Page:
The 1979-80 season marked a turning point for the NHL. The league had absorbed five WHA teams, including the Edmonton Oilers. Gretzky had left his junior team, the Soo Greyhounds, to turn pro as a 17-year-old. He began his career with the Indianapolis Racers during the 1978-79 season.
Gretzky, Peter Driscoll and goalie Ed Mio were sold by the financially strapped Racers early in the season. When they left Indianapolis, they actually thought they were going to Winnipeg. A last-minute deal was struck between Racers owner Nelson Skalbania and Oilers owner Peter Pocklington while the plane was in the air, and they landed in Edmonton.
On Nov. 9, 1978, the Oilers visited the New England Whalers. It would mark the second time that Gretzky would play against his boyhood hero, Gordie Howe. The Oilers wore their blue uniforms. Their logo in the WHA days was different then. The word “Oilers” was in orange. It was changed to blue when the team began play in the NHL.
The photo of Gretzky on his rookie card was taken on that night in New England.
Timing Is Everything
Until the 1990s and the introduction of a second series, it was rare for a player to have a rookie card on the market during his first NHL season. The process for producing a trading card set took several months. Photography was used from the previous season’s games. The summers were spent editing photography, airbrushing photos, getting approvals from the league and players association, and then printing and packaging. In today’s digital world, it is still a long process, but in the 1970s and 1980s, it was impossible to shoot images of a player in October and include him in a card set.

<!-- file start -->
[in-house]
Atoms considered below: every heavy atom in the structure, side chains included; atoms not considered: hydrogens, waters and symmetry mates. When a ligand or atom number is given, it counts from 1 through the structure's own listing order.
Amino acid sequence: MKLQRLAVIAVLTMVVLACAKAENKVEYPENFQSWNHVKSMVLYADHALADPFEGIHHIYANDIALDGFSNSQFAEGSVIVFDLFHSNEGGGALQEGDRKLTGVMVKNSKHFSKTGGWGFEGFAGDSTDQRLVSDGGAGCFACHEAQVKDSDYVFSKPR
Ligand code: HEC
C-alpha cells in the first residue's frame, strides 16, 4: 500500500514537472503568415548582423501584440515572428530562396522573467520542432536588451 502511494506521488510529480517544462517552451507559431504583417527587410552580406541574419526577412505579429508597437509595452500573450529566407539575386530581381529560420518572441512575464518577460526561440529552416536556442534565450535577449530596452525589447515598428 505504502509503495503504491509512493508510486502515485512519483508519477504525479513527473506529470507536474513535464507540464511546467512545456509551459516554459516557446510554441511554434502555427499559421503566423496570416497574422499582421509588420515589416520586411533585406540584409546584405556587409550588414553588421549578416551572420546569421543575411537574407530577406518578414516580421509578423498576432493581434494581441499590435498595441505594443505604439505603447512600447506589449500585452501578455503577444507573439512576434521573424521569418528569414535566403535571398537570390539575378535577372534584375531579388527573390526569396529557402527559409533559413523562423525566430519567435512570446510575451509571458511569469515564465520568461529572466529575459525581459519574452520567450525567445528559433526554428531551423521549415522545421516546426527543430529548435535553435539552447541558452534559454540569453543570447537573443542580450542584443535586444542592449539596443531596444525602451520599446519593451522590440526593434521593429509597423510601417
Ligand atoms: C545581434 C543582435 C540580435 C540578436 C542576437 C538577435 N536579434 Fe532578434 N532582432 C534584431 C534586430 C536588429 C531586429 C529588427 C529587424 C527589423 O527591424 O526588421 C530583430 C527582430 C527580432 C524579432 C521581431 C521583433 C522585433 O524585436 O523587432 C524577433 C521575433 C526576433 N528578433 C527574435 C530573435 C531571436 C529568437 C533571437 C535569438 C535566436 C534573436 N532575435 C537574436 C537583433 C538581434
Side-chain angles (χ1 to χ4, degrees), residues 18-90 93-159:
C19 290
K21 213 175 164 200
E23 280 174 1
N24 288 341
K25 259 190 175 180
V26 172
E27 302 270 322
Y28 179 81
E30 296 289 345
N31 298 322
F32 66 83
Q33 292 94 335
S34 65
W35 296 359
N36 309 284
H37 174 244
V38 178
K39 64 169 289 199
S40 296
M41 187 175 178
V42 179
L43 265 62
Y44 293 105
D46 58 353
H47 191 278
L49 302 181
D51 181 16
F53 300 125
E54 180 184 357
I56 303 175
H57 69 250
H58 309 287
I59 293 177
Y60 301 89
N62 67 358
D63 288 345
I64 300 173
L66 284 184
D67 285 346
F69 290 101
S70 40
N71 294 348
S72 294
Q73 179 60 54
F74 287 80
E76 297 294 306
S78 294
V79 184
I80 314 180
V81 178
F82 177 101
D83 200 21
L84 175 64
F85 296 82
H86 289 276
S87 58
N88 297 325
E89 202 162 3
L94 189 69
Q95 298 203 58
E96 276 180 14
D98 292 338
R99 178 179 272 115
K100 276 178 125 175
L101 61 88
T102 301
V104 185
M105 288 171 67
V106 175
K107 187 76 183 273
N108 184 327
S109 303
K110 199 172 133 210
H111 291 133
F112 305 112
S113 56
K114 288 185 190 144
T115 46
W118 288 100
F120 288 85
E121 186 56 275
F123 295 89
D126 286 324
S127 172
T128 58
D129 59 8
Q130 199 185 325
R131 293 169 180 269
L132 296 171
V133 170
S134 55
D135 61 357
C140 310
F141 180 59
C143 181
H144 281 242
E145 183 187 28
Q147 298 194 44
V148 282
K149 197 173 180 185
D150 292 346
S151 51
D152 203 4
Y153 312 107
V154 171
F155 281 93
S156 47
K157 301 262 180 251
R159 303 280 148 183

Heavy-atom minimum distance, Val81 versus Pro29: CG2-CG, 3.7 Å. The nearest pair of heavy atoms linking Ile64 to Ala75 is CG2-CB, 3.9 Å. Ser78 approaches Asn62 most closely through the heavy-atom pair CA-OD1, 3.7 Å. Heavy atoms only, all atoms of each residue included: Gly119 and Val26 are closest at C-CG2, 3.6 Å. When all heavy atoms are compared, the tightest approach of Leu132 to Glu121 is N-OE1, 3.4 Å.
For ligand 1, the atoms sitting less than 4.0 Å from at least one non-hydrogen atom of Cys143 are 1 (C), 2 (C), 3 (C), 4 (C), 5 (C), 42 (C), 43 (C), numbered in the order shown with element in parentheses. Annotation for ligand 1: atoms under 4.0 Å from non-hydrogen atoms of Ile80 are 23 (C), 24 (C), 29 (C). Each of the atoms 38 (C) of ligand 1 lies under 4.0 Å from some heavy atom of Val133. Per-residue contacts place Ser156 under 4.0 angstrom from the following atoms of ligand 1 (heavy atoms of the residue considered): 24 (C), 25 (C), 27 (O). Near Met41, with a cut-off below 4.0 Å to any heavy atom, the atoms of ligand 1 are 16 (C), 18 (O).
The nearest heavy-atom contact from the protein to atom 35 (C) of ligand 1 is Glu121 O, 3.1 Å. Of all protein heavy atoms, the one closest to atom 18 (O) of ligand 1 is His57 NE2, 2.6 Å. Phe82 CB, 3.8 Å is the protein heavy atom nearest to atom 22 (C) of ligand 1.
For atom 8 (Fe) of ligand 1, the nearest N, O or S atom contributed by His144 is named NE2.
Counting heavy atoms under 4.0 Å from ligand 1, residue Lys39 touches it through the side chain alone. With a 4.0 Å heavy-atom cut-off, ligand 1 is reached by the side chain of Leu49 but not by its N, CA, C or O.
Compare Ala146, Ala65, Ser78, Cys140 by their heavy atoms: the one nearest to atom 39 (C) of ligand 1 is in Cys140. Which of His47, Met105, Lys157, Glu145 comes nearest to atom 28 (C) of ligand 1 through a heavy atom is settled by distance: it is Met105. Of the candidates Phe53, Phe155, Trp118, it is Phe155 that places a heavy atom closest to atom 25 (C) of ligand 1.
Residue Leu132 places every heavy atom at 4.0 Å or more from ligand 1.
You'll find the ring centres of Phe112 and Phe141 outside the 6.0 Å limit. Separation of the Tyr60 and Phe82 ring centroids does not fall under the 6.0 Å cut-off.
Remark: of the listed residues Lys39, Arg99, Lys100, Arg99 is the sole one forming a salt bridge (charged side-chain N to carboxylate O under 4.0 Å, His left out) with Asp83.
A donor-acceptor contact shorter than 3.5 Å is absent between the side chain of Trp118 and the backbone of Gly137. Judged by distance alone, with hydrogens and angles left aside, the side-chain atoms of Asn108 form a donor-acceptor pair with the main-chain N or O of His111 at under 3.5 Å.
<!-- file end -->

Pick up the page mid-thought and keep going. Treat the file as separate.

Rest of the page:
Because of that, the rookie cards of most players, including Gretzky, did not appear in sets until their second pro seasons. The NHLPA licensing agreement states that a player cannot be on an NHL hockey card until he plays in his first game. There have been exceptions over the years. Score used Eric Lindros when he signed with Pinnacle Brands, Inc. as a spokesman before his rookie season.
Another exception was the Canada Cup. Upper Deck also included Lindros in their hockey card set as they had a deal to include players from the 1991 Canada Cup and he had played Team Canada in that tournament. Canada beat the United States in the final in the last Canada Cup ever played.
Upper Deck has also had the chance to get players through their agreements to include players from the World Junior Championship in their late season releases. This year, they got permission to include Alex Lafreniere in their Young Guns subset.
Gretzky Once Owned First Million Dollar Sports Card
While the Gretzky card is the first to crack the million-dollar mark, it is not the first sports card to do so. The first card to reach a million is the Honus Wagner T206 card. The American Tobacco Company produced the T206 baseball card set and the cards were included in packages of cigarettes. Wagner, a Pittsburgh Pirates star, refused to be included in the card set as he did not want children to buy cigarettes to obtain his card.